6 August 2012

Nigeria: Govt Targets Aviation Sector Revamp With Aerotropolis Model

Photo: Crashdburnd/Flickr
Lagos, Muhammed Airport

The Ministry of Aviation last week made public its plan to fully overhaul and develop the aviation sector and also its plan to transparently involve the private sector in the development of airport infrastructure through public private partnerships.

In a 16-page blueprint, Nigeria Aerotropolis, the ministry outlined how government intends to grow air transportation, develop strong, viable airlines, expand and improve airport infrastructure and make them profitable.

This would involve a total departure from the way the nation's airports and airlines are managed presently to expanded airport infrastructure that will host large business centres with innovative and expanded non-aeronautical sources, thus making airports major sources of revenue for the Federal Government.

The government, in the aerotropolis model outlined strategies for development and the growth of manpower for the aviation industry, which is presently suffering from the dearth of professionals in technical areas and often resorts to expatriates, without which domestic air operations would be grounded.

The goal of the model is to attract investment into the sector, upgrade and expand airport infrastructure to world class standards, and increase revenue generation from the aviation sector through an economic enforcement framework and mechanism for assessing economic risks and threats.

The actualisation of this plan would provide stricter regulation on accountability and transparency in operations of airports and airlines which are expected to bring down maintenance costs of airport equipment.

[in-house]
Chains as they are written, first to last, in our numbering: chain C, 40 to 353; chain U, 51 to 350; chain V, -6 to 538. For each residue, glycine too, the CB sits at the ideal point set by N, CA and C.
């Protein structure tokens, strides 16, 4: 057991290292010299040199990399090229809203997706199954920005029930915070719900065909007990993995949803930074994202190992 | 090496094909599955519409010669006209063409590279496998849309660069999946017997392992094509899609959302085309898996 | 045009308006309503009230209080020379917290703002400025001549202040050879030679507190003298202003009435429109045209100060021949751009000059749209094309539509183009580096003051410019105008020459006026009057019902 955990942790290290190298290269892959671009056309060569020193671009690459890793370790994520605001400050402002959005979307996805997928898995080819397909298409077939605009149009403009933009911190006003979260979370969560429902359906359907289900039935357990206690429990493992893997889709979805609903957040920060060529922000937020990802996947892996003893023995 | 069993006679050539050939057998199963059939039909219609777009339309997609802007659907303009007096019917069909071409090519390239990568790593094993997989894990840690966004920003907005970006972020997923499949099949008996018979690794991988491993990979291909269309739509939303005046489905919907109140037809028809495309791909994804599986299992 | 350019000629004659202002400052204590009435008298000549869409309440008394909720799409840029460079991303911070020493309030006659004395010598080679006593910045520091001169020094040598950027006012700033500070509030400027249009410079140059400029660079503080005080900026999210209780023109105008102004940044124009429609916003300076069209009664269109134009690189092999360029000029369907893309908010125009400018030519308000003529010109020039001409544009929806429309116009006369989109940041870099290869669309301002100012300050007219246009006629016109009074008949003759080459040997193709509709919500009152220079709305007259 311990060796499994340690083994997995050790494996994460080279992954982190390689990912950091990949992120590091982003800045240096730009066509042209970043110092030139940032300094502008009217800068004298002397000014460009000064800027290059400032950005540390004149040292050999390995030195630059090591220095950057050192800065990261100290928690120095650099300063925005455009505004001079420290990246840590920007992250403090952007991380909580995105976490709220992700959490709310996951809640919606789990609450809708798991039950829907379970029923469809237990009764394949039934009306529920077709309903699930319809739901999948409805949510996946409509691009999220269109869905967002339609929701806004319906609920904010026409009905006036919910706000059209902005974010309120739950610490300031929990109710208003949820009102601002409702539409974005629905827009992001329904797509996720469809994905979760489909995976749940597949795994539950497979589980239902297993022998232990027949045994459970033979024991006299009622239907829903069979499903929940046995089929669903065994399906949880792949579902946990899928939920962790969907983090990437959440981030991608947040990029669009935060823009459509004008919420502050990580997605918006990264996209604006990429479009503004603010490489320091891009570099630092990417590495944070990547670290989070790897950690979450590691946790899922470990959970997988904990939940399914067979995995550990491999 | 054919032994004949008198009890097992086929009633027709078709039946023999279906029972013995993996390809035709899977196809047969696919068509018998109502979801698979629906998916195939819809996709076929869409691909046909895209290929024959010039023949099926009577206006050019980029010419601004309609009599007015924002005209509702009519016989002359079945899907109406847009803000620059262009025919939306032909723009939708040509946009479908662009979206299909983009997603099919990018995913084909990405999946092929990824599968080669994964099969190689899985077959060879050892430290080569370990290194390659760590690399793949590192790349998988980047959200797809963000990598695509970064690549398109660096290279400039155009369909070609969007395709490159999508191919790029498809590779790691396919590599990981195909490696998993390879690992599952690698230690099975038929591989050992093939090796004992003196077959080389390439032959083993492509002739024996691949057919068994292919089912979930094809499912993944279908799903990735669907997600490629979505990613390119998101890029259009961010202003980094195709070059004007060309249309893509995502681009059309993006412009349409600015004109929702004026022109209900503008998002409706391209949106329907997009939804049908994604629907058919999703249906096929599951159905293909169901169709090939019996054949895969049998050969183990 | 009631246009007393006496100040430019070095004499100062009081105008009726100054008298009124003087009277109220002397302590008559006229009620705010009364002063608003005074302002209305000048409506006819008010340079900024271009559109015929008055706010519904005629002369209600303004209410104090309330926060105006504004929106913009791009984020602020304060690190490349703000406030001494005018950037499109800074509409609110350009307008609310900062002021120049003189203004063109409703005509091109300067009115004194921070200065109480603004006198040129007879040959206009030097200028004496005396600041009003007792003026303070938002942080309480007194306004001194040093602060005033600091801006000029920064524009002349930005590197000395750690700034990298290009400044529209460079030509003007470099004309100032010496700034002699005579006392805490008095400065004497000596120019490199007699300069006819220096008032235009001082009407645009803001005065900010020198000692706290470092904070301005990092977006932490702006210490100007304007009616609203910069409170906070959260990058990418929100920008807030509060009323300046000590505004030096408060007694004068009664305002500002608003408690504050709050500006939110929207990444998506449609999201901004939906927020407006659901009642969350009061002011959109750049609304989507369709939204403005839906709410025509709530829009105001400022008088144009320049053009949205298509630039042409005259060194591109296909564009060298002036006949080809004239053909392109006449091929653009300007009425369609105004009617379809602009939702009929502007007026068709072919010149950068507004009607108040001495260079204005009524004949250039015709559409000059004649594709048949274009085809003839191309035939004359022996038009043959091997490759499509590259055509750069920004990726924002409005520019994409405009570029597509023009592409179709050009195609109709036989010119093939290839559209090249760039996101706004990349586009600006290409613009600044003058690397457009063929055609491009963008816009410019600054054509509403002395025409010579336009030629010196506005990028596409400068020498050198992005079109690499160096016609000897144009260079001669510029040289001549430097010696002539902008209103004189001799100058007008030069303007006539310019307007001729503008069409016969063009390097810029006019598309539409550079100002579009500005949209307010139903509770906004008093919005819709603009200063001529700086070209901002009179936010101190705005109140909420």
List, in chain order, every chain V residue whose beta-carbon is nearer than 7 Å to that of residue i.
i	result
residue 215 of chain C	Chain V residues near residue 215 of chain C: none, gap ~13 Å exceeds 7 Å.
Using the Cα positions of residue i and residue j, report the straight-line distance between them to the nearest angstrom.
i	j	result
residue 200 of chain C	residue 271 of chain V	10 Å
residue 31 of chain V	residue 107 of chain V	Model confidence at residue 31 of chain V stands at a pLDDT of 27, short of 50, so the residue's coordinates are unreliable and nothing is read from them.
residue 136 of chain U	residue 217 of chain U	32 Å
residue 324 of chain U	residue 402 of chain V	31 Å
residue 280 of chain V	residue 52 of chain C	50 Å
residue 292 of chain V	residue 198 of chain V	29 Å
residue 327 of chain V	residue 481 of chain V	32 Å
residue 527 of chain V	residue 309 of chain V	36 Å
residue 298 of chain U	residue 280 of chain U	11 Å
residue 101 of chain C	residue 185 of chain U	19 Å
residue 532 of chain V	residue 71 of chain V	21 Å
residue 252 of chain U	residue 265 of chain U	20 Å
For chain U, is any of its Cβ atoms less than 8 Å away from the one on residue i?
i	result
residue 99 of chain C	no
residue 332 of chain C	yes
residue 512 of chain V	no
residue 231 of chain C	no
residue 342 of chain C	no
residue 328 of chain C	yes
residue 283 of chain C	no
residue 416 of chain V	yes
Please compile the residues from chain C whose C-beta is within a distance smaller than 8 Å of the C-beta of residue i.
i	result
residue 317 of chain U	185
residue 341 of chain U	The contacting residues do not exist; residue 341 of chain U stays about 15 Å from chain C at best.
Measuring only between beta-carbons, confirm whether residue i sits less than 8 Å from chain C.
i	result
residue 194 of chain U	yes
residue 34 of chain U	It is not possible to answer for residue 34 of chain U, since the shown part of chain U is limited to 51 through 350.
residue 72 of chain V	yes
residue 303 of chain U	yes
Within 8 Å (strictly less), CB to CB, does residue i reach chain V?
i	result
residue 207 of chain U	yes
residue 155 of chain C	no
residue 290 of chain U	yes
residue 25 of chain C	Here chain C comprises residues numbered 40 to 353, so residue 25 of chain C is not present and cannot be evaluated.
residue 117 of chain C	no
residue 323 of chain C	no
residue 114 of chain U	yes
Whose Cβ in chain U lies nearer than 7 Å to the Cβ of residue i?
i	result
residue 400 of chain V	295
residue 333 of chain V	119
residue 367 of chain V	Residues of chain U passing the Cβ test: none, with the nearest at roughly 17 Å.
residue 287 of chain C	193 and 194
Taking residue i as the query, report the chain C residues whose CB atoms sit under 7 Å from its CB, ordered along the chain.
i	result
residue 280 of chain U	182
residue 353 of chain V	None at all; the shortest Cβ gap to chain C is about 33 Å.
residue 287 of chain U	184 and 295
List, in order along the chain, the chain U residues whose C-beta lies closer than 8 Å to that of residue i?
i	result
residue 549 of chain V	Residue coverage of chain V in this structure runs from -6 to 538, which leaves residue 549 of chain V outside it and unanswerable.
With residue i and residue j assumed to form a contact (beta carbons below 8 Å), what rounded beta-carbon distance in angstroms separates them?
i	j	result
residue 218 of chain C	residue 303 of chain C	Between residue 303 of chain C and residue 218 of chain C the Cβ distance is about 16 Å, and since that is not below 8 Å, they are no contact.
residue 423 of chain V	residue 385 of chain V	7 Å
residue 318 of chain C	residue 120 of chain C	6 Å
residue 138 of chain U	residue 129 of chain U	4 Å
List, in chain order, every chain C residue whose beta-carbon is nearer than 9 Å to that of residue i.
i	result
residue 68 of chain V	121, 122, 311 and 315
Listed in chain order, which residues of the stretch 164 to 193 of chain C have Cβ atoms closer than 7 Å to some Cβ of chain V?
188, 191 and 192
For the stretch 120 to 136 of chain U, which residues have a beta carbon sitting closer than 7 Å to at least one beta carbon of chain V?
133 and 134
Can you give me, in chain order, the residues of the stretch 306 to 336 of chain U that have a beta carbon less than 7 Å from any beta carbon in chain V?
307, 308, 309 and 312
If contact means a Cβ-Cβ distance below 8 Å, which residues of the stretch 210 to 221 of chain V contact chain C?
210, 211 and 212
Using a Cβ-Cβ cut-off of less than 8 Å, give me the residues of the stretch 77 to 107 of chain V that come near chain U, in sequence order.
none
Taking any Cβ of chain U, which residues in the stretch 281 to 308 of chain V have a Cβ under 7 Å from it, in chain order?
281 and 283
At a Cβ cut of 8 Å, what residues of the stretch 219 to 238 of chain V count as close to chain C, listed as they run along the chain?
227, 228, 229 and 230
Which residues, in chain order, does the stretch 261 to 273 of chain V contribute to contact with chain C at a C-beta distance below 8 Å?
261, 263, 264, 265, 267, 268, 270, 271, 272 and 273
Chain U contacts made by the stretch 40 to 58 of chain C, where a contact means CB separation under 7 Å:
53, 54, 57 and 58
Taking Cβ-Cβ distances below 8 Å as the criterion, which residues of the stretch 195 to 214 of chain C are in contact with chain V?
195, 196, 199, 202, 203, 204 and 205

The plan would provide a comprehensive and timely passenger and cargo data management system which would improve accountability and security, both factors which are presently lacking at the airports.

This would also block the notorious loopholes at the various non-aeronautical revenue sources; it would also plug leakages in infrastructure procurement,reduce costs and diesel theft and improve avenues for capacity development in the sector.

The plan would also see to the development of a more competent and dedicated workforce in the aviation industry by replacing an ageing workforce with better trained, more competent staff aided by appropriate tools.

The plan will solve the nagging problem of inadequate manpower by facilitating the establishment of more aviation training institutions that would enhance the training of a younger workforce in the core areas of aviation technology.

To actualise this objective, it is expected that there would be substantial private sector investment to ensure its success and sustainability, and for the private sector to be committed, it is expected that they would be given tax holidays and other incentives, including capital allowances.

With an annual turnover of over 14 million passengers in Nigeria, the aerotropolis blueprint is modelled after similar the Schiphol Airport in Amsterdam; Dallas/Forth Worth International Airport (DFW) in Dallas, Texas, USA; the Dubai World Central International (DWC) in Dubai, UAE; and the Oliver Tambo International Airport, Johannesburg, South Africa.

The Nigeria Aerotroplois model will be entail a four-phased approach. The first is the Emergency Phase, which is currently ongoing, and entails the rehabilitation being undertaken in some of the major airports in the country.

These include renovation of the Murtala Muhammad International Airport, Lagos; Port Harcourt Airport; Aminu Kano Airtport, Kano; Benin Airport; Akanu Ibiam Airport, Enugu; Nnamdi Azikiwe International Airport, Abuja; and the Margaret Ekpo Airport, Calabar.

The second phase would entail terminal development and expansion under public private partnerships; the third phase will continue with the upgrade of airport infrastructure, safety and security; while the fourth phase will focus on the implementation of long-term sustainability operational and commercial measures.

In order to get the buy into the aerotropolis model and attract investment, the Minister of Aviation, Princess Stella Oduah, alongside officials of the ministry and members of the organised private sector, has embarked on a road show to Dubai, China and Canada to woo foreign investors to key into the transformation agenda for the aviation sector.

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